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A systems engineering process is a formalised, planned, reviewed, and continually evolving series of activities which:

  • Involves multiple engineering disciplines working co-operatively together Involves the customer as intimately as possible in all phases Needs sophisticated communication of desires, expectations, needs, and engineering data Needs formalised notations for the individual problem domains within the project and, particularly, the interfaces between problem domains and between engineering disciplines Allows the engineering of a need into a reality

  • Can be thought of as the engineering of a requirements set into a finished system

The activities in the systems engineering process are focused on four major technical phases:

  • Requirements management System behavioural analysis Architecture analysis

  • System verification and validation

The first phase in such a process translates end-user, marketing, or customer source statements into formal requirements. In principle this is confined to a requirements capture exercise at the start of a project. In reality, it occurs throughout the lifecycle, drawing requirements from many sources.
Typical requirements analysis tasks include:

  • Identify source material Identify stakeholder needs Identify initial set of requirements (top-level functional, non-functional, performance and interface requirements) Establish design constraints Define effectiveness measures

  • Capture issues/risks/decisions

The main objectives of the next phase, the system functional or behavioural analysis, are to:

  • Describe the problem defined by the requirements analysis in clearer detail

  • Identify and describe the desired functional behaviour of each system element or process

This functional analysis is typically performed without consideration of a specific design solution. Key tasks of the functional analysis phase include:

  • Define operational scenarios Derive system behaviour model (and other models as needed) to reflect control and function sequencing, data flow and input/output definition Derive functional and performance requirements, and allocate to behaviour model

  • Define functional failure modes and effects.

The physical architecture analysis phase performs system synthesis by assigning functions to identified physical architecture elements (structures, subsystems, and components). This synthesis activity is performed for the purpose of defining design solutions and identifying subsystems and components that will satisfy the established requirements. Candidate tasks include:

  • Group and allocate functional behaviour among the system's component parts Define functional interfaces between system component parts Identify physical interfaces Ensure that performance requirements are preserved Allocate non-functional requirements Assess failure modes, effects and criticality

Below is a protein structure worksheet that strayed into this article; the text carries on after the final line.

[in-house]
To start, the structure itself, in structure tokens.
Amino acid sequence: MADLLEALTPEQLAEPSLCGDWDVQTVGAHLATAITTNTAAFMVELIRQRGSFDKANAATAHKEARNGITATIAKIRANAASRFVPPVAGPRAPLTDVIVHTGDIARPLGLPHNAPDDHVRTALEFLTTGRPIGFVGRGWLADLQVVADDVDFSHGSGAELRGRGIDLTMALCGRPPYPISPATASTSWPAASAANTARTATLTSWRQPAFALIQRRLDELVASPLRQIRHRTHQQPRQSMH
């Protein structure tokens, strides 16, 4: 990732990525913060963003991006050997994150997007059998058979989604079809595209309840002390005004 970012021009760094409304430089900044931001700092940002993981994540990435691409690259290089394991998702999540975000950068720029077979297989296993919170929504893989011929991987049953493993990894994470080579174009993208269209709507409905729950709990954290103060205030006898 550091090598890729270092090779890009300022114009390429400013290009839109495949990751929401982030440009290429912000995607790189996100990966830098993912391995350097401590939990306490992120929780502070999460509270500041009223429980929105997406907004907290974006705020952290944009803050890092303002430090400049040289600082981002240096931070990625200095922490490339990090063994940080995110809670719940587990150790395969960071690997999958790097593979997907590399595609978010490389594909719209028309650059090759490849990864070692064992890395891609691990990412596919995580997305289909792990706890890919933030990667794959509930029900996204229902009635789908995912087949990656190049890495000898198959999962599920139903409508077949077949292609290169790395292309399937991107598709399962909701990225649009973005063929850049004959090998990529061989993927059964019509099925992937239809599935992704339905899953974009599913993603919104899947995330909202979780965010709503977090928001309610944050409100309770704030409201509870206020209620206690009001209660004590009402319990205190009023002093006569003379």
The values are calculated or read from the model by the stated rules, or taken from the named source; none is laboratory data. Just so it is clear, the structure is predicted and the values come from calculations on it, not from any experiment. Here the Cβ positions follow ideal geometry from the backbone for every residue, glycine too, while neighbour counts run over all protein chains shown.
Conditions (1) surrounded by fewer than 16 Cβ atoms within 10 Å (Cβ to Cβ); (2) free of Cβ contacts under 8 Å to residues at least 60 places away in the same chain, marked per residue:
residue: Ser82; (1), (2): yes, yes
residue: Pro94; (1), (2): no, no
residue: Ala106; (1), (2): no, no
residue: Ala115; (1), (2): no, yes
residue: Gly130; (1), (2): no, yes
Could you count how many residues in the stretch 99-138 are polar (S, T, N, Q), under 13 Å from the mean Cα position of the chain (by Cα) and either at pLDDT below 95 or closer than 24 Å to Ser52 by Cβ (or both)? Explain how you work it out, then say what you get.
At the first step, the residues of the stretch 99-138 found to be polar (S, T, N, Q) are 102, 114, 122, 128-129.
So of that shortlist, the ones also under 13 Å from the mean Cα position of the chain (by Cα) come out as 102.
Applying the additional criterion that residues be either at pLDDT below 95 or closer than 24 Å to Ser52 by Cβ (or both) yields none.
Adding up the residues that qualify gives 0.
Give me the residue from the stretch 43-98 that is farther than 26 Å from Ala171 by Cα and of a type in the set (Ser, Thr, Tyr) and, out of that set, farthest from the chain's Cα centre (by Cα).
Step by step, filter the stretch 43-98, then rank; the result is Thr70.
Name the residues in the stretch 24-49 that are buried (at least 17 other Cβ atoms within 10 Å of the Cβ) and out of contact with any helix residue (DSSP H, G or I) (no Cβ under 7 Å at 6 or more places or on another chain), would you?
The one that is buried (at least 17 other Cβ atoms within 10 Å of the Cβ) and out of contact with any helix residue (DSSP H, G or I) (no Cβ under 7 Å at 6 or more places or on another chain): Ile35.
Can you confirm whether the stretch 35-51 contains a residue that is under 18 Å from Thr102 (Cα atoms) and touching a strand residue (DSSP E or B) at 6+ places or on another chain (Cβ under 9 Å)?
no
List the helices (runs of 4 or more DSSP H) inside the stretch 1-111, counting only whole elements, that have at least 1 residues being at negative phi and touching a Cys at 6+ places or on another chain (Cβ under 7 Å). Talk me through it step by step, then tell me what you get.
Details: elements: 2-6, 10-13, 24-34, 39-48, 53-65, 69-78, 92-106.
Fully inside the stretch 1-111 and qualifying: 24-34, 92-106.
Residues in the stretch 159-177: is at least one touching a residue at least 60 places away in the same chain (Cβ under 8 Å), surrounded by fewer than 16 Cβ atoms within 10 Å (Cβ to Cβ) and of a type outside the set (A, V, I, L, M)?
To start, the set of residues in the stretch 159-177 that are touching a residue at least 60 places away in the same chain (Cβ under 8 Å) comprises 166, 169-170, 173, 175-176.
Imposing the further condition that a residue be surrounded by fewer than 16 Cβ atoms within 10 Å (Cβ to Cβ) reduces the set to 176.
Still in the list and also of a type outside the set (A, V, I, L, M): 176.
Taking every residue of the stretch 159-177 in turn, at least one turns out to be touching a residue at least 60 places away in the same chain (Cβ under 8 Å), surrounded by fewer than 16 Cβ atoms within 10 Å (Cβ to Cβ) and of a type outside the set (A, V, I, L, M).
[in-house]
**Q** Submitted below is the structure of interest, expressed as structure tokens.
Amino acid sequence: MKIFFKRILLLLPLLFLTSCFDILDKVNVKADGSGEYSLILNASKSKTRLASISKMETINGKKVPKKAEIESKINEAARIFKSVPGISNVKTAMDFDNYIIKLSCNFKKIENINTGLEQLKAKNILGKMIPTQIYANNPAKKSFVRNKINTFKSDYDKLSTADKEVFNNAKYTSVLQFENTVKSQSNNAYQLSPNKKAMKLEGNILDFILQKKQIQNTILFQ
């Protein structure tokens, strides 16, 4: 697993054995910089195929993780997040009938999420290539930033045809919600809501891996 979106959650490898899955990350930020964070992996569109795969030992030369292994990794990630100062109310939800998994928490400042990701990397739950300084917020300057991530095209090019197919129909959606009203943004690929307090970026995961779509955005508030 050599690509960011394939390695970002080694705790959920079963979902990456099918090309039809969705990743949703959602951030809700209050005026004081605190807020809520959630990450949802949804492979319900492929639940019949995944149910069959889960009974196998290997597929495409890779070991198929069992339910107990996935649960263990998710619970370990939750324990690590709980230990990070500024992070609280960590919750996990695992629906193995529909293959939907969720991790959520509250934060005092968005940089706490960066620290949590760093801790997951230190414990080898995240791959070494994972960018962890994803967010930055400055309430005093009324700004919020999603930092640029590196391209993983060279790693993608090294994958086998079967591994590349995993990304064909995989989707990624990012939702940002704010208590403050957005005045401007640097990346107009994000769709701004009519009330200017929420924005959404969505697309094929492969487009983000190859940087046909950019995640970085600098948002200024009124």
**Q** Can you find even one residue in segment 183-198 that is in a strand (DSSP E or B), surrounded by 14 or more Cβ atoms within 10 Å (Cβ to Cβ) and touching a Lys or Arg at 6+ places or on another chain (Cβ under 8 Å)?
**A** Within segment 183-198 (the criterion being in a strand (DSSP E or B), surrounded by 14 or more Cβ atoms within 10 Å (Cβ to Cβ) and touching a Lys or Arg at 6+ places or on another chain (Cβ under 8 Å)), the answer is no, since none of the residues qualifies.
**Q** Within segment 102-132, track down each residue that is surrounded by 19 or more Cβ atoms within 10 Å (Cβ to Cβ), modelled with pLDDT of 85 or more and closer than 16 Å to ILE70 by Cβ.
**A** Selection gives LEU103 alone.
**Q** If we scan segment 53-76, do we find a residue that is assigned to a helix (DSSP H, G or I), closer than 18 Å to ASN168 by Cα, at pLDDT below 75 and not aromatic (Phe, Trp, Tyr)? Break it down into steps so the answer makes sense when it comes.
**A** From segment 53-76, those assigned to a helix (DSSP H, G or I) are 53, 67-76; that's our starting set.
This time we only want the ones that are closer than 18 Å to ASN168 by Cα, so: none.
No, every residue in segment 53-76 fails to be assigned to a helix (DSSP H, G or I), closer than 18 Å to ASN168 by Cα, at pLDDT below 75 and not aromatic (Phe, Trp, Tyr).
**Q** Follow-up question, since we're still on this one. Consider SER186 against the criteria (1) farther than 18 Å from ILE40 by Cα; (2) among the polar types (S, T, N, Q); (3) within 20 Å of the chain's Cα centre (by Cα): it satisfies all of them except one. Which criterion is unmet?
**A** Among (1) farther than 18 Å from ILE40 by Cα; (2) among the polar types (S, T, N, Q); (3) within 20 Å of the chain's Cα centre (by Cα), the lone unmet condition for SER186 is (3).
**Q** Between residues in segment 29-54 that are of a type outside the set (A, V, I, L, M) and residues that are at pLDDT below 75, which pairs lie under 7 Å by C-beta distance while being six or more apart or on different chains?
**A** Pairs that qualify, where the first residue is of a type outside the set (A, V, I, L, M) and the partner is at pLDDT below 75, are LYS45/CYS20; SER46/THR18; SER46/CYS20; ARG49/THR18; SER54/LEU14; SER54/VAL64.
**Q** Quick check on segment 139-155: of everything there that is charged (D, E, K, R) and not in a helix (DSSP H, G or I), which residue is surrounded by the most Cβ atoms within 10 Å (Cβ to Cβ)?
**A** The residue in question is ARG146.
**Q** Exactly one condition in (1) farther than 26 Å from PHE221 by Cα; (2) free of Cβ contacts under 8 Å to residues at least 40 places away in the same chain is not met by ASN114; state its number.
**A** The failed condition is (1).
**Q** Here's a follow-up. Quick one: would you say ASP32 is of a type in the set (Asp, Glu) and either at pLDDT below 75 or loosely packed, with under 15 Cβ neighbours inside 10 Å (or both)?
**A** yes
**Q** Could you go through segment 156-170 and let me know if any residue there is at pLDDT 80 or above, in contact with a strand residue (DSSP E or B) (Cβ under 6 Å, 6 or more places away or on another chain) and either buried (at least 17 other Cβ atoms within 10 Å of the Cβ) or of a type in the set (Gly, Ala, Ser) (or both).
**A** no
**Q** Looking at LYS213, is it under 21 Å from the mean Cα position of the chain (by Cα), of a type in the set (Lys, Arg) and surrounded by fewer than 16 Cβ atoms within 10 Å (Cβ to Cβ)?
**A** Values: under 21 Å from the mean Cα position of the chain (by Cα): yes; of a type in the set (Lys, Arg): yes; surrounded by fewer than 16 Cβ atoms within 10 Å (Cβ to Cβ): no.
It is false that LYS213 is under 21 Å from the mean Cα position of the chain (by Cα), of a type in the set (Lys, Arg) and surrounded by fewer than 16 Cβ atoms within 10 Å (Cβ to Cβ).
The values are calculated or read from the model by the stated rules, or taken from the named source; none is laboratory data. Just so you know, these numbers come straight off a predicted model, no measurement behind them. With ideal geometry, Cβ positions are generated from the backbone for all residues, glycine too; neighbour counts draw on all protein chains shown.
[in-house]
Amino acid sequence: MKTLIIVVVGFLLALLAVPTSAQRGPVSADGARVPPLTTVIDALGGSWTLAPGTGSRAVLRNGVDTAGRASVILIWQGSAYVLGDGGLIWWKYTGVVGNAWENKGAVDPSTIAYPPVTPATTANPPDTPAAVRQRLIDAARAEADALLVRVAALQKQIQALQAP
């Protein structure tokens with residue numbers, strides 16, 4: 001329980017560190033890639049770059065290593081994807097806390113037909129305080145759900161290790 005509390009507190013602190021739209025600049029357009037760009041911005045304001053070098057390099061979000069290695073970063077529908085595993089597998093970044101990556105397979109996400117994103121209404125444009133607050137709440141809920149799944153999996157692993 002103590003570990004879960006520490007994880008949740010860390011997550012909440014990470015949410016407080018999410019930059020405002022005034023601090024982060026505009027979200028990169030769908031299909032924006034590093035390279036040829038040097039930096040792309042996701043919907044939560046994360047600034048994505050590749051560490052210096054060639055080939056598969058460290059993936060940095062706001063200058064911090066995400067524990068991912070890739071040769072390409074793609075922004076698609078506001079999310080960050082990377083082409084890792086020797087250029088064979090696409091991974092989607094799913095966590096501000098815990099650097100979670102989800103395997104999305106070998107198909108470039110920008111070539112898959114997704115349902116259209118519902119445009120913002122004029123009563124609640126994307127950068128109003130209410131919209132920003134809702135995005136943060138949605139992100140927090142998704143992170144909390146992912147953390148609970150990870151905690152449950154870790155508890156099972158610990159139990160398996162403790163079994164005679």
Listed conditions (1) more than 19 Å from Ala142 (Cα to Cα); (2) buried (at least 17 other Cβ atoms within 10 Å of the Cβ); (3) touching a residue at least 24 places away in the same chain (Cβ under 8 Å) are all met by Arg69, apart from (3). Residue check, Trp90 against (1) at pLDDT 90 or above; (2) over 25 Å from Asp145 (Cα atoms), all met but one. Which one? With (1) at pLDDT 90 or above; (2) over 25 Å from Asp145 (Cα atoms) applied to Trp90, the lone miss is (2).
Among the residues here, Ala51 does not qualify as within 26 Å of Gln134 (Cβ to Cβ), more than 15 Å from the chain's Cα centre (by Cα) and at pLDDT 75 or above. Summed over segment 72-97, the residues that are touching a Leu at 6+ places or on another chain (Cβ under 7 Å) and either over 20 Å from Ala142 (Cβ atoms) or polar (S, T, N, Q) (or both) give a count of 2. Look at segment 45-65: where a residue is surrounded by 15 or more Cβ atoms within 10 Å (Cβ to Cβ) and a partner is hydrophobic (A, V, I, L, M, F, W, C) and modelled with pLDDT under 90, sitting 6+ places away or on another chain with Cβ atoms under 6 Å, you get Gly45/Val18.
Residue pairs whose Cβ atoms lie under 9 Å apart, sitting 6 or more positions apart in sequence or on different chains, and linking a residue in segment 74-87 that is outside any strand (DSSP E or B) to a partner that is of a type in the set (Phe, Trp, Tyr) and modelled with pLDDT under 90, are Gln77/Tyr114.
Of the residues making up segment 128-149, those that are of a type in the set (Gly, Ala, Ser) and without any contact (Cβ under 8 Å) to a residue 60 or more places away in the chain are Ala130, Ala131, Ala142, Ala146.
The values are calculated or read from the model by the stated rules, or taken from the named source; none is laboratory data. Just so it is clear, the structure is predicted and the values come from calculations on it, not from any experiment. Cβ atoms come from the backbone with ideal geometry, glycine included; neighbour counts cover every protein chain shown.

• Identify make-or-buy alternatives

The technical evaluation phase of systems engineering demonstrates that the system performs as needed and as specified. The initial task is a comprehensive verification and validation analysis, which may include static and dynamic logic analyses, functional performance assessments, system simulation, hardware-in-the-loop testing, and so on. Other key tasks include:

  • Test planning Compliance and cost assessment Best design solution selection

  • Automatic report and specification generation

The nucleus for any sound systems engineering process is the Systems Engineering Management Plan (SEMP). This plan will describe the systems engineering strategy to be used for project planning, controlling and execution. The SEMP will identify all project deliverables to be produced, and the individual systems engineering tasks necessary to produce each of them.

3SL's Cradle tool environment provides the paradigm for the user to automatically develop and document the SEMP.

To accurately reflect an accepted systems engineering process, the SEMP follows current industry standards and methodologies. These include IEEE 1220-1998, Standard for Application and Management of the Systems Engineering Process; Electronic Industries Alliance (EIA) ANSI/EIA-632-98, Processes for Engineering a System; Systems Engineering Capability Maturity Model (SE-CMM), Carnegie Mellon Software Engineering Institute; and the soon to be released International Standards Organization (ISO) 15228, Systems Engineering Life Cycle Management.

Specifying and building responsive systems requires concise and up-to-date communications that involve the developers, end users, customers and stakeholders. Inadequate understanding or poor management of the system requirements creates additional work later in the project, when potential design errors must be corrected. The systems engineering process should embrace a rigorous communications structure that helps engineers from different disciplines work in productive teams. This communication structure is identified in the SEMP.